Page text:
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Constructed in 1878, this Italianate house originally served as home to Lyman Ross and his son, Oscar D Ross. The Ross family became successful fruit dealers in the years following the Gold Rush, an era that saw the region's economy bolstered by fruit production thanks in part to reduced shipping costs via the region's growing rail networks. While the goldfields provided only a temporary spark, the fruit industry provided a more lasting source of economic growth for entrepreneurs seeking their fortune. After the Ross family sold the home, local surgeon William E. Keith became the home's lengthiest occupant. Keith and his wife lived in the home from 1900 to 1931. Today, the home functions as a drop-in center providing assistance for young, homeless persons.

Ross House, built in 1878.

Ross House, built in 1878.

The Ross House, constructed in 1878, stands as one of downtown San Jose's best examples of the Italianate style of home architecture. The home serves as a reminder of the significance of fruit as a commodity during the turn of the century in California. Lyman Ross and his son, Oscar D Ross, both worked as fruit dealers. They occupied the home after its completion in 1878, and remained there until 1889. The elaborate nature and size of the house speaks to the success of the fruit industry in the Bay Area during the late nineteenth and early twentieth century. 

One characteristic of the Bay Area Gold Rush of the 1850s involved an influx of people from parts of the U.S. and international locations, especially China and Mexico. In the years after the gold rush gave way to commercialized operations, Mexicans and the Chinese transformed the wheat fields and cattle ranches of Santa Clara Valley into one of the world's most abundant fruit- and vegetable- production regions. Chinese immigrants were also integral in building the western portion of the Trans-Continental Railroad. However, despite their know-how and hard work, immigrants and Americans of Chinese descent were not afforded the same rights or social mobility afforded to their white counterparts.

California's natural rainfall rarely provided enough water to sustain fruit production, so irrigation in the form of canals and reservoirs changed the environmental landscape of the region. The transformation rarely came cheap, either in terms of the financial cost to build canals or the toll upon immigrant laborers. It also required legislation to divert water towards farmland that was not naturally suited for large-scale fruit production without first providing for irrigation. As a result, those who came to grow fruit in California did so with investors and political connections and were rarely "mom and pop" farmers. 

The Ross family were only minor players in this massive industry. They worked in the fruit industry but did not own an orchard, and worked for but were not the wealthy entrepreneurs. As a result, this sizable house demonstrates how managers who worked for the entrepreneurs participated in the same upper-middle class mobility that has come to define Silicon Valley today.  

Architecturally, the structure is visually unique for its combination of Italianate and Second Empire stylistic elements, exemplified in the mansard rooftops, which sits over the two-story bays at all four elevations. Other notable Italianate features include round-headed windows, ornamental curved brackets, and wide corner boards. The large lot on which the house sits includes elaborate, mature vegetation as well as a barn and a gazebo.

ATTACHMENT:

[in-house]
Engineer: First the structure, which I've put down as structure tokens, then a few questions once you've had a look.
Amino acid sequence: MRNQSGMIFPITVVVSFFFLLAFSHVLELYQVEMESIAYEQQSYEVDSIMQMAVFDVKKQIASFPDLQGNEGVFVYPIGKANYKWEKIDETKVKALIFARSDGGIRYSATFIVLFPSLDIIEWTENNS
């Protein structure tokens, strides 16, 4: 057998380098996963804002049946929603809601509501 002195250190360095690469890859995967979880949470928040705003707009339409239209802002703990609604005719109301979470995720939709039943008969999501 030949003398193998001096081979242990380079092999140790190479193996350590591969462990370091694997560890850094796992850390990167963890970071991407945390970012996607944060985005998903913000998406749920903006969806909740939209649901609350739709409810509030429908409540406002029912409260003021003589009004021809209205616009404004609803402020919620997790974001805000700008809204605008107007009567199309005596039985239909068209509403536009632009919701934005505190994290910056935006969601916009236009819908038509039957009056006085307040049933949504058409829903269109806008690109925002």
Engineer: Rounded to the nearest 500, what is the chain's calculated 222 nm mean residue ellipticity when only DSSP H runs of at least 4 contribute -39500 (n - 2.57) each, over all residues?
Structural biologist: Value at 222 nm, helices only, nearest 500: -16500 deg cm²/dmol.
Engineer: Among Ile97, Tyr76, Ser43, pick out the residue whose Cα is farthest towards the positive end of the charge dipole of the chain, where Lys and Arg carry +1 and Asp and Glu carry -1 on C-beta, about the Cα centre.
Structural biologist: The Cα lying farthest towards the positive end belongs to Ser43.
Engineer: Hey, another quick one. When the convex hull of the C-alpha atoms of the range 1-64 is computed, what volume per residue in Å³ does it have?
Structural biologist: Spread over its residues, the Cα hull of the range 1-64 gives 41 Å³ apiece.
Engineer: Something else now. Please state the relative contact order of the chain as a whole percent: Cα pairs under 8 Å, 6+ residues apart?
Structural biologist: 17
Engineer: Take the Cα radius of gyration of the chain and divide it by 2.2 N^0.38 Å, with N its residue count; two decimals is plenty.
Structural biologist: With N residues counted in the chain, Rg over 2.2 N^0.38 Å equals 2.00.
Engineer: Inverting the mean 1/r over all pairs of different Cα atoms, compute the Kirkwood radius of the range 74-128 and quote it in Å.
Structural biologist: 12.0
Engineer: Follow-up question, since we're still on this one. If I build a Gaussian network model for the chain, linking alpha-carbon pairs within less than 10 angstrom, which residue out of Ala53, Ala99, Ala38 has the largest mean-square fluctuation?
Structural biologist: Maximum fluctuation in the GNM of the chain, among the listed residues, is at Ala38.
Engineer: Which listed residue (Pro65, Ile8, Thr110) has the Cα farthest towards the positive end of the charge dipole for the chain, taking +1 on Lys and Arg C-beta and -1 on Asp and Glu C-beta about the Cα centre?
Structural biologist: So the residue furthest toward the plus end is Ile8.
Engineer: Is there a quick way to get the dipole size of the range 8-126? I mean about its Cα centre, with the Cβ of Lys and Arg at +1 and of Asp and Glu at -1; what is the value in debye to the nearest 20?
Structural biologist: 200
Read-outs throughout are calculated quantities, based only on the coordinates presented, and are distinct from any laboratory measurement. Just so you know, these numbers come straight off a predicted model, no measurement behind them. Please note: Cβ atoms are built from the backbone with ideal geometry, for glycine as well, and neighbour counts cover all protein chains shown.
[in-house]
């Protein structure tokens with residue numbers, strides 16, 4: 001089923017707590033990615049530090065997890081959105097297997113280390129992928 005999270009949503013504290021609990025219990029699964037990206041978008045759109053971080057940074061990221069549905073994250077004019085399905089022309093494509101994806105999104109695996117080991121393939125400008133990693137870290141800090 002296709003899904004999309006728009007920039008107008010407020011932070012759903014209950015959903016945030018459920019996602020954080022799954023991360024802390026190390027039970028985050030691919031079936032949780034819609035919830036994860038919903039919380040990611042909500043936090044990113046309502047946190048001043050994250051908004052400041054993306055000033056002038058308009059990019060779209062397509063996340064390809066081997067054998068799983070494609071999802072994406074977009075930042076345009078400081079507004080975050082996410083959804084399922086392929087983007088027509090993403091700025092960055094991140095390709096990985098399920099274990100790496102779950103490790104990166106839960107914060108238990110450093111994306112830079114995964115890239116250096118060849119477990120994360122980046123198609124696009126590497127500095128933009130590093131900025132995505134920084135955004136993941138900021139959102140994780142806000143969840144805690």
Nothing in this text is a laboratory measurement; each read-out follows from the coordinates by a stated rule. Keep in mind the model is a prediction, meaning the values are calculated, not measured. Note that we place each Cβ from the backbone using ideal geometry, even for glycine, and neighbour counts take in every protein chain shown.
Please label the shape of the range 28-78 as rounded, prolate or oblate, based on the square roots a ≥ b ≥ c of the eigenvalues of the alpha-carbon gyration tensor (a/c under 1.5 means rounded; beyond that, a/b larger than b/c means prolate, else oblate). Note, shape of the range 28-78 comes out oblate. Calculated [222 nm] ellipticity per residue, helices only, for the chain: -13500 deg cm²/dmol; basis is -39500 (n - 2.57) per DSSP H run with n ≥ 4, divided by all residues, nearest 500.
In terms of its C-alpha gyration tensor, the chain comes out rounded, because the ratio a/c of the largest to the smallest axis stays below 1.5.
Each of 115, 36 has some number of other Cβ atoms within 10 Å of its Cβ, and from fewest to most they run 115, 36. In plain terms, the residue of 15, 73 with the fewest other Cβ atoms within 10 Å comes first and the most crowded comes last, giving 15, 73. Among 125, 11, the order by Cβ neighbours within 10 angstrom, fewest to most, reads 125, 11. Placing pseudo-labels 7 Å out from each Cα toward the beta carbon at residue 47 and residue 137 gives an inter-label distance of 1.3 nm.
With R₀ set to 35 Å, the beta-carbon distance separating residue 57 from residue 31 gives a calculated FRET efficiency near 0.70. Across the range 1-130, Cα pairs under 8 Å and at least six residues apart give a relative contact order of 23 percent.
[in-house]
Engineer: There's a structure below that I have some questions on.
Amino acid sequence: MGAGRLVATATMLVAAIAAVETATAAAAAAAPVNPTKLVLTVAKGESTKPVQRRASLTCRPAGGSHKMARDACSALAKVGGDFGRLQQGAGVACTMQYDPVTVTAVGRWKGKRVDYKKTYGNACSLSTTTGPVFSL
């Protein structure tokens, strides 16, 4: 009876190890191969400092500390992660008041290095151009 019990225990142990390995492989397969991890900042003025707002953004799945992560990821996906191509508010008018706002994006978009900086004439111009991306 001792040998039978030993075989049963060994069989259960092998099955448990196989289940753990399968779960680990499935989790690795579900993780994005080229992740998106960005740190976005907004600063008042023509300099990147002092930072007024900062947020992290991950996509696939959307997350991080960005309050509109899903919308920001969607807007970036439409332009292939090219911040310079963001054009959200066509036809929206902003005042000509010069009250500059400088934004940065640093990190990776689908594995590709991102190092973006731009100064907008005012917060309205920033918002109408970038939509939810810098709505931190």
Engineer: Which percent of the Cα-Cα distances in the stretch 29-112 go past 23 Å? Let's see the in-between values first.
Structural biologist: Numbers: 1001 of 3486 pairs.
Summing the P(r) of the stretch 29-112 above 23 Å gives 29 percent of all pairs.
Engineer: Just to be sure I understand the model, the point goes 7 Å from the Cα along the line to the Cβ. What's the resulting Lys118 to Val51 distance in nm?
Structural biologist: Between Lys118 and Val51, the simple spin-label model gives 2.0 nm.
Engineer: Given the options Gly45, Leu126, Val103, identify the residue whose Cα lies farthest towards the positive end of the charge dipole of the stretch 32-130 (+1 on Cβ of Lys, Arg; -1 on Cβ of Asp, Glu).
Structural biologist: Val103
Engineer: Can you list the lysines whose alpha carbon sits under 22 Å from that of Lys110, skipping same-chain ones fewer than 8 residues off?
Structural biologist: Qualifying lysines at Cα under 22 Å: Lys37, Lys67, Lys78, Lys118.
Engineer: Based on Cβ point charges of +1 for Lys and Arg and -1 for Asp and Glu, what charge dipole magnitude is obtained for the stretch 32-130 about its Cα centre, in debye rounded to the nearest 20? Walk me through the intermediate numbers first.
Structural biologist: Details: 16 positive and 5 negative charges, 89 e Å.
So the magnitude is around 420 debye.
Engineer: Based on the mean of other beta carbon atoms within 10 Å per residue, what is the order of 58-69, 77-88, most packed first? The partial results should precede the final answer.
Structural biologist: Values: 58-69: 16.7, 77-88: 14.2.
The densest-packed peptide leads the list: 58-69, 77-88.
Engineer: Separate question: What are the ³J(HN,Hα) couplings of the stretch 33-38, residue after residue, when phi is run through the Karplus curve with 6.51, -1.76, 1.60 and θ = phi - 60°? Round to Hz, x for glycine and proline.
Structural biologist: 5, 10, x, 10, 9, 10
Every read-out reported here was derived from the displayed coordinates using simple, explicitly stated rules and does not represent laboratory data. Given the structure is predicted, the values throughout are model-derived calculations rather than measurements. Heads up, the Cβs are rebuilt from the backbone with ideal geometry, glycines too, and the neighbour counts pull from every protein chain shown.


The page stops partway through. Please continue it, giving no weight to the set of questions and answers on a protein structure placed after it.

The house then changed hands several times until 1900 when William E. Keith, a local surgeon and his wife, purchased the estate. The couple lived in the home until 1931, and then numerous owners again took possession of the house for a short time, including the Volunteers of America Hospitality. 

In 1949, the home was converted into apartments, but today functions as a home for homeless youth ages 13 to 25. Today, an interstate highway is only feet away from the historic home which has both diminished and increased its economic value to would-be buyers. In many ways, the home demonstrates both continuity and change in the Bay Area, from gold to fruit to cars and computers, the region was still dominated by commodification. While some like the Ross family were able to form connections to investors and join the middle class, others like the young people who come to this home for assistance continue to face difficult conditions.

Bamburg, Bonnie L. "Nomination Form: Ross House." National Register of Historic Places. October 29, 2982.

Dowsett, Charles Finch. A Start in Life: A Journey across America; Fruit Farming in California. London: Dowsett & Co., 1891. Located digitally (PDF) through the Library of Congress at

Hsu, Madeline, Y. Dreaming of Gold, Dreaming of Home: Transnationalism and Migration Between the United States and South China, 1882-1943. Stanford: Stanford University Press, 2000.

Steinberg, Ted. Down to Earth: Nature's Roll in America History. New York: Oxford University Press, 2009. 

Takaki, Ronald. A Different Mirror: A History of Multicultural America. New York: Back Back Books, Little Brown and Company, 2008. 

Image Sources(Click to expand)

By Eugene Zelenko - Own work, CC BY-SA 4.0,